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Gurnam Singh and ors. Vs. Surjit Singh and ors. - Court Judgment

LegalCrystal Citation
SubjectProperty
CourtSupreme Court of India
Decided On
Case NumberCivil Appeal No. 1923 of 1967
Judge
Reported inAIR1974SC2367; (1975)4SCC404
ActsPunjab Pre-emption Act - Sections 15
AppellantGurnam Singh and ors.
RespondentSurjit Singh and ors.
Excerpt:
.....at the time when the sale sought to be pre-empted was effective but up to the date of the decree. for some reason, which the appellant must know best, they have not produced the sale deed either in the high court or even at this stage......they had on the date of the decree any lands in which they were co-sharers with the vendors in the land sold to respondents 1-6. at this stage, we may mention that before the decree was passed by the trial court, the appellants had sold their co-sharers' right in khewat no. 2, khatas nos. 26-44 and khewat 3 khatas 49-54. it was their case that after the sale this deal had co-ownership rights in 6 bighas and 7 biswas and consequently they were entitled |to a decree for preemption. the trial court on oral evidence held that 6 bighas and 7 biswas that were said to have been retained by the appellants pertained to the co-ownership in the suit lands and consequently they had the right to pre-empt. as we said earlier, the first appellate court also took the same view. the main question is.....
Judgment:

P. Jaganmohan Reddy, J.

1. This appeal is by certificate against the Judgment of the Punjab High Court dismissing the pre-emption suit of the appellant by reversing the concurrent Judgment of the trial court and the 1st Appellate court.

2. The plaintiffs alleged that they had purchased on 10-5-55 the share of Khotu and Chandu Ram in Khewat 2, Khata 26 to 44 and 6 bigas and 7 biswas in Khewat No. 3 Khatas 49 to 54 comprising in all an area of 213 bigas and 14 biswas. On 16-4-57 respondents 1 to 6 purchased 926 bighas in Khewats nos. 2 and 3 for Rs. 43,600/-. Nearly a year thereafter the deed of sale was registered on 19-3-68. The plaintiffs filed a pre-emption suit against respondents 1-6 on the ground that they were Biswadars and co-sharers in the land in dispute. For the purpose of this appeal, it is not necessary to consider their claim of Biswadari rights because the claim on which the plaintiffs rely mainly is of their being co-sharers along with the vendors in the lands sold to respondents 1-6. The suit was decreed on 4-1-60 and on appeal the District Court confirmed the decree on 6-3-61. The High Court, however, in second appeal reversed that decree on the ground that the appellants had not established that they had on the date of the decree any lands in which they were co-sharers with the vendors in the land sold to respondents 1-6. At this stage, we may mention that before the decree was passed by the trial court, the appellants had sold their co-sharers' right in Khewat No. 2, Khatas Nos. 26-44 and Khewat 3 Khatas 49-54. It was their case that after the sale this deal had co-ownership rights in 6 bighas and 7 biswas and consequently they were entitled |to a decree for preemption. The trial court on oral evidence held that 6 bighas and 7 biswas that were said to have been retained by the appellants pertained to the co-ownership in the suit lands and consequently they had the right to pre-empt. As we said earlier, the first appellate court also took the same view. The main question is whether the appellants had superior rights of pre-emption. What the appellants have to establish under Section 15(b) fourthly of the Punjab Pre-emption Act is that the sale was out of joint land or property which had not been made by the co-sharers jointly and that they were the other co-sharers who had not joined in the sale. It is well settled that this right had to subsist on the plaintiffs not only at the time when the sale sought to be pre-empted was effective but up to the date of the decree. Though it was not disputed that the plaintiff's were co-sharers in the aforesaid khatas of khewats nos. 2 and 3, what was contested was that after the transfer of practically the entire area on that date the plaintiffs ceased to be co-sharers who could pre-empt the sale relating to 926 bigas in khewats 2 and 3 because it was nowhere proved in which khata or khewat the area had been left and in what manner the plaintiffs remained co-sharers so far as the suit lands were concerned. The High Court pointed out that the appellants had not produced the sale deed dated 19-5-69 (59?) by and under which they had sold their co-ownership rights in khewat No. 2 khatas 26-44 and khewat No. 3 khatas 49-54.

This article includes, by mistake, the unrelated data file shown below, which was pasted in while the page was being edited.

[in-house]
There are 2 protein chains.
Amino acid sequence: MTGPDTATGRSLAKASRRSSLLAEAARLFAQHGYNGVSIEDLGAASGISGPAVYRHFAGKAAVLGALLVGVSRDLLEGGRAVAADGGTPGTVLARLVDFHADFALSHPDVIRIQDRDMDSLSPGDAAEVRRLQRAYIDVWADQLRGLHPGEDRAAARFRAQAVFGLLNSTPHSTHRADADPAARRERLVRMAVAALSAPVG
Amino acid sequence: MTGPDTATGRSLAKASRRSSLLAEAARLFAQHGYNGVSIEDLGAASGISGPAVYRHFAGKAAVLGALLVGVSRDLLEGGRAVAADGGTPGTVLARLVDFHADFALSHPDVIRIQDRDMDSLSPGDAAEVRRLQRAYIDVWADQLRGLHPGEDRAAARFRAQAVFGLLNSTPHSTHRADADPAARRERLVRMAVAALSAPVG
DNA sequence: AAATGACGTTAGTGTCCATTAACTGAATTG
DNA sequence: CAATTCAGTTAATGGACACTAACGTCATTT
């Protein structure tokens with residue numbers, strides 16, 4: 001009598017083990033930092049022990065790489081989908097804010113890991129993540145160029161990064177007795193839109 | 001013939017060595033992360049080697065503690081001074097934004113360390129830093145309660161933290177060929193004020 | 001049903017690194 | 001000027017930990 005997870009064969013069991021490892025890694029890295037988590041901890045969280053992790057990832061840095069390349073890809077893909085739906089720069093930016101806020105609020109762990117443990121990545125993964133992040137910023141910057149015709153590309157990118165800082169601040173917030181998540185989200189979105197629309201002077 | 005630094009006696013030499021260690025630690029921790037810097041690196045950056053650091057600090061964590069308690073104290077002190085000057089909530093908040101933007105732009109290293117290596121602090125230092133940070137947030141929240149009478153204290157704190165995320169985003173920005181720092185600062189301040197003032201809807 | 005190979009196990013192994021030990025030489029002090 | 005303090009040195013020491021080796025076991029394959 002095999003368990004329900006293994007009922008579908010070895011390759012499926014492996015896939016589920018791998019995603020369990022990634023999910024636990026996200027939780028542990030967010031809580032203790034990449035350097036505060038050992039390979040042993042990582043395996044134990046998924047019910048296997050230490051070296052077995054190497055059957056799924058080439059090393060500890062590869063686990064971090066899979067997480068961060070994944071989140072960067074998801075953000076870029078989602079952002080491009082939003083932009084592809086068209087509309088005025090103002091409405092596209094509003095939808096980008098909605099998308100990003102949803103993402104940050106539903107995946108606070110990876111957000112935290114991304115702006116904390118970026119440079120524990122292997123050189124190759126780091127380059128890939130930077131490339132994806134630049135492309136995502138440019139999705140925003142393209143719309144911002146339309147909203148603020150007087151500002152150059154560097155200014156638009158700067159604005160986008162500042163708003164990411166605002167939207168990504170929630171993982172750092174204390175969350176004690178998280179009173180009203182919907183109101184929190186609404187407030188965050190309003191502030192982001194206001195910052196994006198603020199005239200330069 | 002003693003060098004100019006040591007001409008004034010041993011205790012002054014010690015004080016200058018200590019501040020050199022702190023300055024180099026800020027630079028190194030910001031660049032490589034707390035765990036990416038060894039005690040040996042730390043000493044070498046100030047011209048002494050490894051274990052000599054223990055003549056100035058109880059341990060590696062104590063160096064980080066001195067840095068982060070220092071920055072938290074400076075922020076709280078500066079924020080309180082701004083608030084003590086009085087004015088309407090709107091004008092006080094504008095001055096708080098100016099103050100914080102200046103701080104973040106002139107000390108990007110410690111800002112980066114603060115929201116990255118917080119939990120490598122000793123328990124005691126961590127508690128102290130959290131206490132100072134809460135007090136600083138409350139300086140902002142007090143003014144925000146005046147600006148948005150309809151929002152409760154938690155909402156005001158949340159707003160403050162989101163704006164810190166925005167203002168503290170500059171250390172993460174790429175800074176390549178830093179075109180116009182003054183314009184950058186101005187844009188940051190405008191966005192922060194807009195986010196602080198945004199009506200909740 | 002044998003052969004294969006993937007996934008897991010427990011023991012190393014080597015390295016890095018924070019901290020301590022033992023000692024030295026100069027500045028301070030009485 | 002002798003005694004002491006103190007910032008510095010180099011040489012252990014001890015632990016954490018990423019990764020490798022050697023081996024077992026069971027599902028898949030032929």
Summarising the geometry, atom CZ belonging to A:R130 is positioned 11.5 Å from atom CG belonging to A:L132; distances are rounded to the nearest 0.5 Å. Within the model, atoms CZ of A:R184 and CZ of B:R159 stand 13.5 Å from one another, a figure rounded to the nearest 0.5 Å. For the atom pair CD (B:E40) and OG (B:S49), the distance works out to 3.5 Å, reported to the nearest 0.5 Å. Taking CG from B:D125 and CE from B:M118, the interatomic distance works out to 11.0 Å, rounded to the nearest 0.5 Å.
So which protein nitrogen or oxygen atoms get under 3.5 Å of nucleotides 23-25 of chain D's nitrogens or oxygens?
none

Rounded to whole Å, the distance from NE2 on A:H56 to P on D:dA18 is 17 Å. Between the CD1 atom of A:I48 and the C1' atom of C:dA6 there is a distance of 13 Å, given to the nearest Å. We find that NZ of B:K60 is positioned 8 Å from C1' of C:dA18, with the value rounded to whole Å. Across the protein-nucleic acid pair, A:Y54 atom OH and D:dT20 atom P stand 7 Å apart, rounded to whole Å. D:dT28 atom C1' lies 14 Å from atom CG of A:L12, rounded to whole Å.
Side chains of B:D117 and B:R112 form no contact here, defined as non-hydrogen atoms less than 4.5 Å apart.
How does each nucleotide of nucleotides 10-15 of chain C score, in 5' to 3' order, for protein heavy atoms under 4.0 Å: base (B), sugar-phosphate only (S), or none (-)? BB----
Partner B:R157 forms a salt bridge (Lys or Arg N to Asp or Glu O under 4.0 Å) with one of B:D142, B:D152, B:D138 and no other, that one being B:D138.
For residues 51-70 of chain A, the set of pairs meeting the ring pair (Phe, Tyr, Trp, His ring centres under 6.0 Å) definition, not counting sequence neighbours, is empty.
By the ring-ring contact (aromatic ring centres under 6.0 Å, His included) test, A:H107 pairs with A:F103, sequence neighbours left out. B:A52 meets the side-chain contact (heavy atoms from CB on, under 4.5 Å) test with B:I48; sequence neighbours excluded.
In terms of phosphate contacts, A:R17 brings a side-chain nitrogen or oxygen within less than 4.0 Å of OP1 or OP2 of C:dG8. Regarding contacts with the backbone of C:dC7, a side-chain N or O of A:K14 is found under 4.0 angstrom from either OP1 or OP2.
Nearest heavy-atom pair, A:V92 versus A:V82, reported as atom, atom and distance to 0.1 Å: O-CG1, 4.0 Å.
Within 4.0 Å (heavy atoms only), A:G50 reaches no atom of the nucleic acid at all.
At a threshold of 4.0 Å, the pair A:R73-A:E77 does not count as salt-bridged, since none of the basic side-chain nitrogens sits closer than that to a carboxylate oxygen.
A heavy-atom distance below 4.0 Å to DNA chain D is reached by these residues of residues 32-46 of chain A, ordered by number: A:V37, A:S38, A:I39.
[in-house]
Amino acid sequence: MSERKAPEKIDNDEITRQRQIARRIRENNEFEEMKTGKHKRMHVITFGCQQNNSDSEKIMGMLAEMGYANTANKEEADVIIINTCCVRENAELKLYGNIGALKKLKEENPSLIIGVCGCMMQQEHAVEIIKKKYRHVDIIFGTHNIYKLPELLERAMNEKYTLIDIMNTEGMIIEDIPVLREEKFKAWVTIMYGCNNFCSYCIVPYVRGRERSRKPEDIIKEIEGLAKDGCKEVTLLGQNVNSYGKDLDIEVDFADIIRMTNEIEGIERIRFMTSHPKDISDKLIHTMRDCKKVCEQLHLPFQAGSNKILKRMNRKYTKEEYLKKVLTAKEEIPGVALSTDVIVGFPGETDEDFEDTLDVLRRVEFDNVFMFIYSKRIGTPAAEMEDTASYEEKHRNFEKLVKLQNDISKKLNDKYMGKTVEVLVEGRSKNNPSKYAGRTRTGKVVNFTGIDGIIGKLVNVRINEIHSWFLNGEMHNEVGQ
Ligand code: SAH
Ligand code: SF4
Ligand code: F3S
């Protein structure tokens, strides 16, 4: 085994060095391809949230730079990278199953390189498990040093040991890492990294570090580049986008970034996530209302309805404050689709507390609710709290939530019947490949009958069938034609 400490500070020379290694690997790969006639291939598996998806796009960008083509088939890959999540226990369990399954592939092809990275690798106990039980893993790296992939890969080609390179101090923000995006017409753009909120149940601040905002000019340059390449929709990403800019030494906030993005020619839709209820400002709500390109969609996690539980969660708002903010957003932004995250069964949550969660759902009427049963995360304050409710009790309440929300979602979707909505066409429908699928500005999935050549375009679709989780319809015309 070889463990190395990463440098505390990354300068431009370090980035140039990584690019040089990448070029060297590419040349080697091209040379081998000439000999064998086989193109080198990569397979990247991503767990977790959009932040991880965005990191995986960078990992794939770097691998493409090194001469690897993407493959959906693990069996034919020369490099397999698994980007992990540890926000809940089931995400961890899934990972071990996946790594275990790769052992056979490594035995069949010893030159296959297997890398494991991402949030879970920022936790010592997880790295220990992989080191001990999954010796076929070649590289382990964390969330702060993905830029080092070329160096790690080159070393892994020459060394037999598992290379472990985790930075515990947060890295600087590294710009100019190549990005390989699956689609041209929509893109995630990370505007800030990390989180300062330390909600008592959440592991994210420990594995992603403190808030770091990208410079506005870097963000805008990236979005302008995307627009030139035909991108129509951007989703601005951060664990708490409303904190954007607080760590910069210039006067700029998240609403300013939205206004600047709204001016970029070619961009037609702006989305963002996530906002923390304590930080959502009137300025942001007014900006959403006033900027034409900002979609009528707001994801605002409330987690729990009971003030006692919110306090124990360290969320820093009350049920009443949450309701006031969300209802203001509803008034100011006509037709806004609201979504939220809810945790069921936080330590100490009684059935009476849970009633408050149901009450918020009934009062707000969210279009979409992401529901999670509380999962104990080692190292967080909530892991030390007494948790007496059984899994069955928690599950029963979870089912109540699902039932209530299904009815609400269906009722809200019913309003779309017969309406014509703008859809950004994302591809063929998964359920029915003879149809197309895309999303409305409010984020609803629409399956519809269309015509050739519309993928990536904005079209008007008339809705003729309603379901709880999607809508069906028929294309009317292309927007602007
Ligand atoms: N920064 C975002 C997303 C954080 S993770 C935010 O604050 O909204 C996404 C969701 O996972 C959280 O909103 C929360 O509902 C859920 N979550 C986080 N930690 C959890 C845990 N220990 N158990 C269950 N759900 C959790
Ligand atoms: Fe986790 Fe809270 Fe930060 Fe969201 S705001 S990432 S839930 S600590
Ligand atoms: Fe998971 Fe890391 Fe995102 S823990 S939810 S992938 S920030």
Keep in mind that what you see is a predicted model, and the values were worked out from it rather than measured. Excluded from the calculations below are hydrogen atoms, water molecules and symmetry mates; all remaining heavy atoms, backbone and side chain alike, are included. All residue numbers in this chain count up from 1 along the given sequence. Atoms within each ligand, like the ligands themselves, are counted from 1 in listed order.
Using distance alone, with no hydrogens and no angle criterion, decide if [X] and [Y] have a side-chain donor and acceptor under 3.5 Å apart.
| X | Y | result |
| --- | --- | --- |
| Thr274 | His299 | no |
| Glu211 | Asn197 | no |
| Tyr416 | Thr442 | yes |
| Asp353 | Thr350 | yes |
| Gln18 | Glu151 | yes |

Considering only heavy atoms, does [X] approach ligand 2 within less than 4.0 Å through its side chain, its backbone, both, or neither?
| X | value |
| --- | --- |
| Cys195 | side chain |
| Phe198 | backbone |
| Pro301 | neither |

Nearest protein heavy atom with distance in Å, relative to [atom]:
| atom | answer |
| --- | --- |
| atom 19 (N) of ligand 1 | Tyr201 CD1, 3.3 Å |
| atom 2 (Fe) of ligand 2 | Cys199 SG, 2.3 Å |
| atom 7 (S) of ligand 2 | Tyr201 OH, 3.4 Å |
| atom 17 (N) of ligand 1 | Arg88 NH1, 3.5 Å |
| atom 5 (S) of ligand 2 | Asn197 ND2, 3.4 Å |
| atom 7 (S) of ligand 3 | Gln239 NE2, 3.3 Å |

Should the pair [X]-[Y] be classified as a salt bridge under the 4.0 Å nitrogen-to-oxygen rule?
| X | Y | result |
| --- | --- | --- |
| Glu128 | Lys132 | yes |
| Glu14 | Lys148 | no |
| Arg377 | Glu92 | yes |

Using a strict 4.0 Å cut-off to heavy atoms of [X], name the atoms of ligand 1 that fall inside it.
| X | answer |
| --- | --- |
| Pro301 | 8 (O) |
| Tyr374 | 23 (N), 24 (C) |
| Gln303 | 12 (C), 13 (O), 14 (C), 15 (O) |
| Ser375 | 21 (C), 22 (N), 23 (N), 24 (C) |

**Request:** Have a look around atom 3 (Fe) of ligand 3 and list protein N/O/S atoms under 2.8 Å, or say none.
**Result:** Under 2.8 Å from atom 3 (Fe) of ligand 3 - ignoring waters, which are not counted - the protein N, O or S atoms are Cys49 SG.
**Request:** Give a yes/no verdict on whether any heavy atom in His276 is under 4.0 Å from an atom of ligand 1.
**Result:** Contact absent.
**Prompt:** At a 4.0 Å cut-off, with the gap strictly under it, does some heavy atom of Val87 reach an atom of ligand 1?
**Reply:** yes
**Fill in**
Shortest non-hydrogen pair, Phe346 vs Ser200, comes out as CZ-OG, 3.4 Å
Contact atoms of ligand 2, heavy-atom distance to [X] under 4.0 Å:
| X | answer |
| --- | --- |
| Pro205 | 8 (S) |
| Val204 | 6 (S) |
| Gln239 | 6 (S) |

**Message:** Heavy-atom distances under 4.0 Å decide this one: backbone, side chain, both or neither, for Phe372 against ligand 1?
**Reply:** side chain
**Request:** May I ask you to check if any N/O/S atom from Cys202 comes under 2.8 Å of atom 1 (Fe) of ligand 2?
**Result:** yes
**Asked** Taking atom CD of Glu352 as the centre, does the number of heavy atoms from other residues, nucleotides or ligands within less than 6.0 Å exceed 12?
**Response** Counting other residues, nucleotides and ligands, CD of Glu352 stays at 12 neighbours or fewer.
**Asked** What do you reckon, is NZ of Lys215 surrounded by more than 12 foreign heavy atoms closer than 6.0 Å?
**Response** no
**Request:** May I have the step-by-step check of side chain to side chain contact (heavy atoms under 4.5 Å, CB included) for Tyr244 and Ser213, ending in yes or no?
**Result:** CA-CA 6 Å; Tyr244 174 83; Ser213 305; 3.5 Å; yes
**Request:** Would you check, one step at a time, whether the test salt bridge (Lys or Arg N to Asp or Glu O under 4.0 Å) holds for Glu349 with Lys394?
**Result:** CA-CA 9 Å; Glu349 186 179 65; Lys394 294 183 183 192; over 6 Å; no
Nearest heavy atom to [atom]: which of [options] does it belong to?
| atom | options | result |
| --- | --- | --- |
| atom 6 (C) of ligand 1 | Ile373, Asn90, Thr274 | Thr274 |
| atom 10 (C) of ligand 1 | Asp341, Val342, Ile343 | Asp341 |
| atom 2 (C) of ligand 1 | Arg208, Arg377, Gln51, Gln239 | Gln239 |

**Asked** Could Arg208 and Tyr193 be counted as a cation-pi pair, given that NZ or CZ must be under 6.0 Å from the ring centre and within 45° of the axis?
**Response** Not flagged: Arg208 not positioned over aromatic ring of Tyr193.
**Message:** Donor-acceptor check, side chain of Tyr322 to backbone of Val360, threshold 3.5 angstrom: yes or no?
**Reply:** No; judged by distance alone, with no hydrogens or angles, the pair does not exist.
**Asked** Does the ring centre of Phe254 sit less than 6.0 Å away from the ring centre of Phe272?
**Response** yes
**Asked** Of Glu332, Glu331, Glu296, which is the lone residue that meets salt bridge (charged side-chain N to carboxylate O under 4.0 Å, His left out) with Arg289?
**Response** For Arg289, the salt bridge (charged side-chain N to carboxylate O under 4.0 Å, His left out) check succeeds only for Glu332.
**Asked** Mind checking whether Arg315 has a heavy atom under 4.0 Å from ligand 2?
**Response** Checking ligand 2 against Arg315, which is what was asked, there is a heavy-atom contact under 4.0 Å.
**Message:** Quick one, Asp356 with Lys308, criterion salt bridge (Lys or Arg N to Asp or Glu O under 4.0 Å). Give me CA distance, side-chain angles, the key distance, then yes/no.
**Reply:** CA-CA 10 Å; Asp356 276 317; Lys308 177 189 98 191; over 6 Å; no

3. In view of the omission to file the most important document, it was not possible to ascertain whether 6 bighas and 7 biswas which were said to have been left to them did in fact pertain to khewat 2, khatas 26-44, and khewat 3, khatas 49-54. The omission to file a document which was in the power and possession of the appellants entitled the High Court to draw an adverse inference against the appellants and in that view they had allowed the appeal and dismissed the suit. Some argument seems to have been advanced in the High Court based on the definition of holdings in Section 3(3) as meaning a share or portion of an estate held by one owner or jointly by two or more land owners. On this basis it was contended that the appellants being owners of the land which held the estate they must be regarded as co-sharers in the land in dispute. The High Court pointed out that by no stretch of reasoning each and every land owner in the village which is an estate can be regarded as a co-sharer every parcel of land situated in that village no matter whether he has any share in that particular land or not. It appears to us that the issue is a narrow one, namely whether the appellants had established that even if they had a co-ownership as alleged by them, in Khewat Nos. 2 and 3, when they sold those rights, 6 bighas and 7 biswas, which they alleged were retained by them in khewats Nos. 2 and 3. No amount of oral evidence can establish this fact when in fact they could have established (it) by a registered document. As pointed out, by the High Court, even the Patwari was not asked about it. For some reason, which the appellant must know best, they have not produced the sale deed either in the High Court or even at this stage. The sale deed is a public document and could have been easily looked into if they would have asked for it to be admitted at the appellate stage. The suppression of the document justified the drawing of an adverse Inference that if it was produced, it would have established that the appellants had no lands left after they sold them on 19-5-1969 (59?). As the appellants have not established that they are co-owners in the lands sold on the date of the decree they are not entitled to a decree of pre-emption. In this view, the appeal is dismissed with costs.